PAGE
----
Here’s a quick recap of the looming federal government shutdown and why it’s unique.
At midnight Monday, Oct. 1, non-essential parts of the U.S. government will be shut down. Of the nation’s two million federal workers, about 40 percent (800,000) will be furloughed for an unknown amount of time. About 1.4 million active duty military personnel will remain on the job, but most civilians working in the Defense Department face furloughs.
Non-essential government services — like the National Park Service, wildlife refuges, federal museums and monuments — will temporarily shut their doors. When this happened in 1995-96, 9 million visitors were turned away. There will also be delays in processing gun permits, some court cases, the approval of mortgage applications and passport and visa applications — nothing essential, just inconvenient for those seeking the services.
How long is the shutdown likely to last? The last shutdown was in 1995-96, when the government shutdown twice — between Nov. 13-19, and for 21 days between Dec. 15 and Jan 6. Congressional Republicans led by House Speaker Newt Gingrich faced off against President Bill Clinton, a confrontation that — all reports now show — hurt Republicans, which controlled the House and the Senate, more than Clinton.
Since 1976, there have been 17 government shutdowns.
What makes this shutdown unique is that ultra-conservatives within the Republican Party are forcing it for one reason: to derail President Obama’s Affordable Health Care Act, which goes into effect Oct. 1. The government shutdown will not affect implementation of the act. It is a bill previously passed by a majority in Congress and is the law of the land.
Republicans have tried to kill the law in 41 previous attempts since its passage in 2010. The conservative rhetoric — repeated by conservative talk radio and conservative broadcasts — is that the act will ruin America and Republicans are acting to save the country from this impending disaster.
The Republican strategy is risky for two reasons: first, the disruption could have a negative effect on the economic recovery, which has finally turned the corner, with Republicans to blame. Second, the health care law may prove to be popular a few years down the road in the same vein as Medicare, Medicaid and Social Security.
The latter prospect is more likely than Republicans imagine. In the 36 states in which the federal government will run health care exchanges, millions of previously uninsured Americans will be able to sign up for affordable health care subsidized by the government and based on a person’s income.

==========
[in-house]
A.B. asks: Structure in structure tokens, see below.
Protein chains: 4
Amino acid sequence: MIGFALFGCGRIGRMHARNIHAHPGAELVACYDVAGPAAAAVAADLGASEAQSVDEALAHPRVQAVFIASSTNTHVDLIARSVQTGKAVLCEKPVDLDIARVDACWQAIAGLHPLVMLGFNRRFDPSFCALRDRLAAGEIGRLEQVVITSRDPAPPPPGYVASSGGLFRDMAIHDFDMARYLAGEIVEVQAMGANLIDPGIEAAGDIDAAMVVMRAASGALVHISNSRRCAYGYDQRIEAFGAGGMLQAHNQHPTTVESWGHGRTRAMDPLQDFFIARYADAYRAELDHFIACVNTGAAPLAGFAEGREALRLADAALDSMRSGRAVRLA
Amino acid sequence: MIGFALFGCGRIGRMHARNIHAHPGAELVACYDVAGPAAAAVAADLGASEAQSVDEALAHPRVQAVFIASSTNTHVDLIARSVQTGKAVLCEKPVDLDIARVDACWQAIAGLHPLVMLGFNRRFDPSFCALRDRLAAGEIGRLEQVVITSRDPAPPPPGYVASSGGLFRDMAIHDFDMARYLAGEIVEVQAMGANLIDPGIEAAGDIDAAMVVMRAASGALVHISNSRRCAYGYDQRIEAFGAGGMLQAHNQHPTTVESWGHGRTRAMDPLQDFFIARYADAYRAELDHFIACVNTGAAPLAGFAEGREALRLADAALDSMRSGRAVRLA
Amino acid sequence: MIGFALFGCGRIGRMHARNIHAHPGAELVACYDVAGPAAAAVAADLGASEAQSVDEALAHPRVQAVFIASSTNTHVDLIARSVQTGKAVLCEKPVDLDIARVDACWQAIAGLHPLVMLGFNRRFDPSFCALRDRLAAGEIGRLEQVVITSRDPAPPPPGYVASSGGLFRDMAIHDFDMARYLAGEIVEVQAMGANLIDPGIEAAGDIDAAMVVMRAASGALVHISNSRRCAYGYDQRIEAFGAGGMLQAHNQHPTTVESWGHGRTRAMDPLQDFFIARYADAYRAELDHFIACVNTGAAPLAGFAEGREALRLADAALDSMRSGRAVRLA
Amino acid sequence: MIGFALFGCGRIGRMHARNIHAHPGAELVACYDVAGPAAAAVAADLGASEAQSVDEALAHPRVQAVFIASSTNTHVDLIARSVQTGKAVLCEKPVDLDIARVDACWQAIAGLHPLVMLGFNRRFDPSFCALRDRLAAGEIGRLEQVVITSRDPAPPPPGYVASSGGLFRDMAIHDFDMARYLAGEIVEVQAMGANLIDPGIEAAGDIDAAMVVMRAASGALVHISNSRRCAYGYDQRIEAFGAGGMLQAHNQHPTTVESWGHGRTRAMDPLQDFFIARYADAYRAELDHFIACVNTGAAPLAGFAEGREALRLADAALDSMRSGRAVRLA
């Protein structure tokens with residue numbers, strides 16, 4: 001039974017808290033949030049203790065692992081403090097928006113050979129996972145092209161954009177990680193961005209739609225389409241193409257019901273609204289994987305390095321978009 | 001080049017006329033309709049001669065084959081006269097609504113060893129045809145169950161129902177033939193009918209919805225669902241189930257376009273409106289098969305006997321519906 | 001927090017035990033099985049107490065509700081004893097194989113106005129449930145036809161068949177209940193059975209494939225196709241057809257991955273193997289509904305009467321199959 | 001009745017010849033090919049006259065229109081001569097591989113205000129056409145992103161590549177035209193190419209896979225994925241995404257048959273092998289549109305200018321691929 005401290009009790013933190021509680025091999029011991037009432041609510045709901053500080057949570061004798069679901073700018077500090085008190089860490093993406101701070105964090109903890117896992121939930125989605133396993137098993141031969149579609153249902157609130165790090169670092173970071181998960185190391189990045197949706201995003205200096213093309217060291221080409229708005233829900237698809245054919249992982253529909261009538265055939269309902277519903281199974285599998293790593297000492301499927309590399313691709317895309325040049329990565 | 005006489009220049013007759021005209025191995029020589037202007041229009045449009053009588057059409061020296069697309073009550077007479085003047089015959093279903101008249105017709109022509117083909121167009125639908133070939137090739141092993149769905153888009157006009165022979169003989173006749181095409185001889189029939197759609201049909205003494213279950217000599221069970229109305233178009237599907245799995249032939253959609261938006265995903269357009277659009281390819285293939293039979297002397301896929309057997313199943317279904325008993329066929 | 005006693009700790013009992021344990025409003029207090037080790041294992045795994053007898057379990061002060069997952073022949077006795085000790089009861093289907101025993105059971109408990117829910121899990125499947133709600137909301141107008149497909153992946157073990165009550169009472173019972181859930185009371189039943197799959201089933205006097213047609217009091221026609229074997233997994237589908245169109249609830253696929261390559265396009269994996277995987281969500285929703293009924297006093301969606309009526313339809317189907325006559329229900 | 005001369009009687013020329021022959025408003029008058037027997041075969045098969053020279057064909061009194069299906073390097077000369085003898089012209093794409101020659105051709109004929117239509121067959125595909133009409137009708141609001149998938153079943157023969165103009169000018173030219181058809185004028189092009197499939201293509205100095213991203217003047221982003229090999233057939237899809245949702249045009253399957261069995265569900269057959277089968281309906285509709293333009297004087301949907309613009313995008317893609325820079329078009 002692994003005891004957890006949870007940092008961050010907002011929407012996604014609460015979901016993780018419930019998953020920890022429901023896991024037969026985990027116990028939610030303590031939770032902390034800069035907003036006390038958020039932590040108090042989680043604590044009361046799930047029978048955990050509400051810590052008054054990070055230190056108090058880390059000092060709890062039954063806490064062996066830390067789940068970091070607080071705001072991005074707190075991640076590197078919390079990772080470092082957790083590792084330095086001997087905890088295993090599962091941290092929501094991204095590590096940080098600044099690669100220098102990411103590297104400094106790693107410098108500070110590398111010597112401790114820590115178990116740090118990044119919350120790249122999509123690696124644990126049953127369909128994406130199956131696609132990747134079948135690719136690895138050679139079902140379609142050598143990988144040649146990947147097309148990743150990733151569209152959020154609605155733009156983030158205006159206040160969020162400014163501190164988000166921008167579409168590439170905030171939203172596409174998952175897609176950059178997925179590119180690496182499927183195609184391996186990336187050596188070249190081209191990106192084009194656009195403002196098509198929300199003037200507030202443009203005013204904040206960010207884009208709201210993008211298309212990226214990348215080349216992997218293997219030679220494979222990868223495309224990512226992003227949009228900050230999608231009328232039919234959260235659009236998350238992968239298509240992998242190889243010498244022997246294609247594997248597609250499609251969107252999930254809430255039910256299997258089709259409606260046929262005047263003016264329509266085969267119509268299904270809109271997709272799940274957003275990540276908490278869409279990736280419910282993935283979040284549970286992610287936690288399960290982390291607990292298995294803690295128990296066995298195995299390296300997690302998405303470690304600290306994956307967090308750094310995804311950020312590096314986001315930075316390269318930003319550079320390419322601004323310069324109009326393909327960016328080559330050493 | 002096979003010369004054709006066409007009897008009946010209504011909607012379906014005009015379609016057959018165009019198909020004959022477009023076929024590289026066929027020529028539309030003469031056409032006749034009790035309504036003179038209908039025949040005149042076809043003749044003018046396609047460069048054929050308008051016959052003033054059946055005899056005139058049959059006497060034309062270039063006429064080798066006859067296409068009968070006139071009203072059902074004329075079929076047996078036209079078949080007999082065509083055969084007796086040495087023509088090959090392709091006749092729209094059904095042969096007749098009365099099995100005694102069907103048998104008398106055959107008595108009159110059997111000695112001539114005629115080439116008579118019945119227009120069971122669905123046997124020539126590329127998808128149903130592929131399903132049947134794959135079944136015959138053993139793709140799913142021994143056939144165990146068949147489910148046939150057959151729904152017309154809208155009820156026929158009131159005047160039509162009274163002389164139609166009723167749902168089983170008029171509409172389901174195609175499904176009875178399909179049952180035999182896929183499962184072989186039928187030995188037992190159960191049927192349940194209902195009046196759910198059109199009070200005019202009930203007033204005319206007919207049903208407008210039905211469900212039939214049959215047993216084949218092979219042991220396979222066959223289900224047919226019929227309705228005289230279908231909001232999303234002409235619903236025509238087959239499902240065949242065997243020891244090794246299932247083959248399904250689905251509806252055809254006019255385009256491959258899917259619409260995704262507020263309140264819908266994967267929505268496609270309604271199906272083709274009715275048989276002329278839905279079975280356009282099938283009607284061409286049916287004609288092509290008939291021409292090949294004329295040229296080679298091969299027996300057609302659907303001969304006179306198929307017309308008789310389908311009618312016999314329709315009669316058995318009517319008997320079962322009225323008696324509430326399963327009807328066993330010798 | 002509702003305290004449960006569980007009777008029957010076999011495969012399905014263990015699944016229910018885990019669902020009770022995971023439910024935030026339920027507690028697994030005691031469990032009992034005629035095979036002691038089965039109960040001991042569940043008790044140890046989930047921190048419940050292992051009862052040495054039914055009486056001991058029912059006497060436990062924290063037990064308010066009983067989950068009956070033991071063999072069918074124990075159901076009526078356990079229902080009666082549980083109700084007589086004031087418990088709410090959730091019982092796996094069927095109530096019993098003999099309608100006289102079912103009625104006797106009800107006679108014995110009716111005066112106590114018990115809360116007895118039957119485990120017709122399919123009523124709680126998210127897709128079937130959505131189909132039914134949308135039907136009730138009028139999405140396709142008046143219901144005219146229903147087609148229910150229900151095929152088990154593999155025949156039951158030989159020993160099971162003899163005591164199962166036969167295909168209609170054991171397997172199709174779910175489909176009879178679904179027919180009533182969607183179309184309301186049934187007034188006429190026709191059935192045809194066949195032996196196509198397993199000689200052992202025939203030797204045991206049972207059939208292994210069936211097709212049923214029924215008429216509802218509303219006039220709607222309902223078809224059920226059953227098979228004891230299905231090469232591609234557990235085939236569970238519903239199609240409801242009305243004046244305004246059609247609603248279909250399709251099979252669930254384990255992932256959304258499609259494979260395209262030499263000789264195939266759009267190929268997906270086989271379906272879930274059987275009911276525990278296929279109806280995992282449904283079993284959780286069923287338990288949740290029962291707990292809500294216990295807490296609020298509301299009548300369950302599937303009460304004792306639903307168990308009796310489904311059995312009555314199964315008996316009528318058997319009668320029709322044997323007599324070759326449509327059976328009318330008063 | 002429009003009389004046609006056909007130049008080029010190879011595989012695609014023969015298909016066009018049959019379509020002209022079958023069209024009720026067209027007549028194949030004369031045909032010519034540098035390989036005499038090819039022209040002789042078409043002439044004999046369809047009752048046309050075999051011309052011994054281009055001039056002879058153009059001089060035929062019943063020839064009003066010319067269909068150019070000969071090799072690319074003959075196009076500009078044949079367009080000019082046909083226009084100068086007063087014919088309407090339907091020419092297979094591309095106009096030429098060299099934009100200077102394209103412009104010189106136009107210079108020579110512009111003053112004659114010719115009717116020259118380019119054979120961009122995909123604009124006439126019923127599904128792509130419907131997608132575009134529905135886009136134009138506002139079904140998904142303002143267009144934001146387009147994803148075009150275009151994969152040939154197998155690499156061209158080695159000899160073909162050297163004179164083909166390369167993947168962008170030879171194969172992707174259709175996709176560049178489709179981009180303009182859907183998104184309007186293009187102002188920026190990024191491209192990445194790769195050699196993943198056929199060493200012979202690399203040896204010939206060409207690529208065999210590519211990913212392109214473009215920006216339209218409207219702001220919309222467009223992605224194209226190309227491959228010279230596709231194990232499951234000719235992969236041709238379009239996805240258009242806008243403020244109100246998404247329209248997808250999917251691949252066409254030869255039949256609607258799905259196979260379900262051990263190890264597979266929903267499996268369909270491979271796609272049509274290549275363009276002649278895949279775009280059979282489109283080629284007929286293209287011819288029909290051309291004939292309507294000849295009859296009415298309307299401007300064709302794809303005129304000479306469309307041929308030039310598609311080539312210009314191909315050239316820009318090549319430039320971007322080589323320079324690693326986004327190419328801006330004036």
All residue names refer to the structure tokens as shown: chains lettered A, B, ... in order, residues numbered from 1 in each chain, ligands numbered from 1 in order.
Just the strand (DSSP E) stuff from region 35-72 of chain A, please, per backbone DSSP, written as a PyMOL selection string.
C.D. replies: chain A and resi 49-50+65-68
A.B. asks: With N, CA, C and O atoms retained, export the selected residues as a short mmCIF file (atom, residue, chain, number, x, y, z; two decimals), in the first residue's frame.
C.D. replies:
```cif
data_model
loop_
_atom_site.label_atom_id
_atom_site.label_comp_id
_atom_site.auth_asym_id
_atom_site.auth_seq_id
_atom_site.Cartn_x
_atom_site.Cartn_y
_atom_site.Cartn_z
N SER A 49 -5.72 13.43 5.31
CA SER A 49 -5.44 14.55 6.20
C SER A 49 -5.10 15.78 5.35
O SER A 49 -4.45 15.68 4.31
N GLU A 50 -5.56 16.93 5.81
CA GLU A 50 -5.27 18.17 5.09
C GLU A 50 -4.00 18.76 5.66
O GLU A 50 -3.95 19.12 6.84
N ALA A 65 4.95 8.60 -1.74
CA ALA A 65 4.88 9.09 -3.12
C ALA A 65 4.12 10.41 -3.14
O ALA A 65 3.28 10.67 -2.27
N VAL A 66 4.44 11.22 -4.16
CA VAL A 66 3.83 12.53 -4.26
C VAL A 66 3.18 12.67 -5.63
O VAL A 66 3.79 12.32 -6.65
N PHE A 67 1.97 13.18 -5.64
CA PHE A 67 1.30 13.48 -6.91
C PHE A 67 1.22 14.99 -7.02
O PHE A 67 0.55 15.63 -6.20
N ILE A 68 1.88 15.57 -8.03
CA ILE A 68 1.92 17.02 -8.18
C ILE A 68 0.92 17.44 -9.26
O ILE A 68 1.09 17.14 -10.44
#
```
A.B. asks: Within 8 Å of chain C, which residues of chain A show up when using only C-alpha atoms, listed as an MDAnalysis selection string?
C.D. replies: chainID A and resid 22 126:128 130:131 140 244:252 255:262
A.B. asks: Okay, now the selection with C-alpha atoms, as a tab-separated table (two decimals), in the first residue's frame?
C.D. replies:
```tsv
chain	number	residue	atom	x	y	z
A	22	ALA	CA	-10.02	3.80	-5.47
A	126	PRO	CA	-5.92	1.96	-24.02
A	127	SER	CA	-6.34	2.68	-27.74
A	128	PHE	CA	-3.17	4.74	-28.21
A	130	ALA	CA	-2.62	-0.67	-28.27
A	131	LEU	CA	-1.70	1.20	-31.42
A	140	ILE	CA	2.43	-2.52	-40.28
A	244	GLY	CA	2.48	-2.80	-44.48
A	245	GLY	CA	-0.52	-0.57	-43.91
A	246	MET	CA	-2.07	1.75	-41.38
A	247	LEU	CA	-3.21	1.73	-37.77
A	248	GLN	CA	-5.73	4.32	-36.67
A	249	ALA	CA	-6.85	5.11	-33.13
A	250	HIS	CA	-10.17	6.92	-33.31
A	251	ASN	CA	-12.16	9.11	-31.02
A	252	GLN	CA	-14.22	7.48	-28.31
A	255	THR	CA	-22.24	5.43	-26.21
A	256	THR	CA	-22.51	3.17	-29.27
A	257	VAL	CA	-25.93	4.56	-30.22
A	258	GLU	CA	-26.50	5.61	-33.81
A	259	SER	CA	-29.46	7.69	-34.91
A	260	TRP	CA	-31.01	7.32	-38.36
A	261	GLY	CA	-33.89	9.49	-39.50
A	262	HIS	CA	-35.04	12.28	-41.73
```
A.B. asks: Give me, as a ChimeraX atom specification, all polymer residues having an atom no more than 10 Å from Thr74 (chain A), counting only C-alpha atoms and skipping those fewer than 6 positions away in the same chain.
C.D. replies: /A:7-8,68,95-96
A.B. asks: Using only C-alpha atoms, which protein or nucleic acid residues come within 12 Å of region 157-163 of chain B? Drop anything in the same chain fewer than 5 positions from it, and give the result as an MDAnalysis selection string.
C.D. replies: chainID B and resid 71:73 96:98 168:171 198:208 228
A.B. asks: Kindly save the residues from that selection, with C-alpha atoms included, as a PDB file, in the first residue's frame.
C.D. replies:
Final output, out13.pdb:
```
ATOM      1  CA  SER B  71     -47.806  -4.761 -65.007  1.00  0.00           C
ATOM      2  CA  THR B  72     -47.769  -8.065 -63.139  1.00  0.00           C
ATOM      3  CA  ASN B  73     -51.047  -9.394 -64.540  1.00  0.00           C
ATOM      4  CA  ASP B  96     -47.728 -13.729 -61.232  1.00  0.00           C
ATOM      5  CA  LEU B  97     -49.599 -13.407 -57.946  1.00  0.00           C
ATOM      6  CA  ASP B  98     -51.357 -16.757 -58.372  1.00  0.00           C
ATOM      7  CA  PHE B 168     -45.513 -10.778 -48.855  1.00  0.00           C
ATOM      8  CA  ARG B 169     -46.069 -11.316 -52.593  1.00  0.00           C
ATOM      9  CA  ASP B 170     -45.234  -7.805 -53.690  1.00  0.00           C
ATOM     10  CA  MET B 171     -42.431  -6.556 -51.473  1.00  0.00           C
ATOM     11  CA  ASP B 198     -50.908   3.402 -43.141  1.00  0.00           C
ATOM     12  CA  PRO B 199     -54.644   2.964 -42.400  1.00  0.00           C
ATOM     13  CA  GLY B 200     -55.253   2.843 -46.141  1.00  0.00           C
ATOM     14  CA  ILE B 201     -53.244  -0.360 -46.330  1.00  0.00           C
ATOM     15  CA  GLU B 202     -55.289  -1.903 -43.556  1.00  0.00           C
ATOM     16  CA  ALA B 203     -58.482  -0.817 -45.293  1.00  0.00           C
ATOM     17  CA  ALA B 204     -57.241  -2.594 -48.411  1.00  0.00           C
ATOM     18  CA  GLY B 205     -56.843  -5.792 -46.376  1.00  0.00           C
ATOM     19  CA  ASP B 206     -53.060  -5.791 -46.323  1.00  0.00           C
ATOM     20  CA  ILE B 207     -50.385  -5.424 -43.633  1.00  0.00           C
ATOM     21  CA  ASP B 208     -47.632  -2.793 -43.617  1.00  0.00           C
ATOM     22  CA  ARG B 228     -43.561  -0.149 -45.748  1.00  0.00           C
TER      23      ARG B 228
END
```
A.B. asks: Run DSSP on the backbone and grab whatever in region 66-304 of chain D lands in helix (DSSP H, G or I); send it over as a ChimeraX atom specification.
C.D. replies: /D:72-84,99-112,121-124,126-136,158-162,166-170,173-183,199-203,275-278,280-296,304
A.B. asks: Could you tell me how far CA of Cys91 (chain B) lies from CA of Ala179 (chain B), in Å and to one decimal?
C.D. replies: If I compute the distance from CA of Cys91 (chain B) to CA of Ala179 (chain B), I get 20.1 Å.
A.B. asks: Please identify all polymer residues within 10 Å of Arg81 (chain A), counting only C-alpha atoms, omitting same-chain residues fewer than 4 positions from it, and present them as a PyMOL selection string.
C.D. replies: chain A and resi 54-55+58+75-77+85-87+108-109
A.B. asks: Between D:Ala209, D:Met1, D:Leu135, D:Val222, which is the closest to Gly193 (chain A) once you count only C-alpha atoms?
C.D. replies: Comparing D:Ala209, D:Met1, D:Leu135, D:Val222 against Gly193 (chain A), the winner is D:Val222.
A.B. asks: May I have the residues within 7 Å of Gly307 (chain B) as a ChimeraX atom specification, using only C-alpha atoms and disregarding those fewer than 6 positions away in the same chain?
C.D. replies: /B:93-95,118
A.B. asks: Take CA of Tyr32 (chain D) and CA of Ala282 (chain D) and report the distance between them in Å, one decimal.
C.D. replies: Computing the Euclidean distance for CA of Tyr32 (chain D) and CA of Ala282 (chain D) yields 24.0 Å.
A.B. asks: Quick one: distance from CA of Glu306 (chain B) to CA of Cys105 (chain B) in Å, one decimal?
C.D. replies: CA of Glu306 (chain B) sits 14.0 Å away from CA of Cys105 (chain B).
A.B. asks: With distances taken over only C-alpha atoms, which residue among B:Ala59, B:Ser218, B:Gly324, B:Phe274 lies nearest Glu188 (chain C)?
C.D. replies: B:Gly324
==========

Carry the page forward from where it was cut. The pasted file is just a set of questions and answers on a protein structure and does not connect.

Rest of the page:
According to reports on proposed prices, released just last week, a family of four with an income between $23,550 and $31,400, will pay only 2 percent of that income for coverage, while a family of four with income between $70,650 and $94,200, will pay 9.5 percent. Because of federal subsidies, estimates say more than half of uninsured Americans may pay less than $100 a month per person for coverage.
The risk of disrupting a recovering economy plays into a double-jeopardy as the nation approaches another fiscal cliff on Oct. 17, when Congress and the president will have to agree to raise the debt limit to pay the nation’s bills — bills that the country has already spent, the bulk of which is on defense and entitlement programs. Economists argue that while a short-term government shutdown will not likely have a long-lasting effect on the economy, failing to raise the debt limit could be catastrophic.
If the economy takes a short dive — and House Republicans cave, as even Republicans leaders suggest they will — and if the health care bill is perceived favorably a year or two from now, there will be tough sledding for Republicans in 2014 and again in 2016 if Obamacare proves even moderately successful.
What’s most shocking about these political theatrics is that the Tea Party Republicans who are leading the charge don’t seem to have a game plan for tomorrow. The current fight, long-time Republican Sen. Lindsey Graham told the Washington Post, “is about taking a legislative proposal, the signature issue of the president, and asking him to walk away from it. I just don’t see that as being the best tactic.”
“I think it’s going to be tough for them (House Republicans),” added Sen. Bob Corker, R-Tenn. “They’re having such difficulty pulling things together. I don’t know that I have a clear vision how we move through this. And I think the debt ceiling is maybe even more murky.”
That those are two helpful voices from colleagues in the Republican Senate is not reassuring.
Worse, however, is that Tea Party Republicans in the House apparently haven’t thought it through. When asked what would happen if the Senate rejected their latest offer, Rep. Phil Gingrey, R-Ga, one of the party’s more conservative members, replied: “It comes back to us, I guess. We really didn’t talk about exactly what the plan would be then.”
Gingrich, at least, had a plan.
Angelo S. Lynn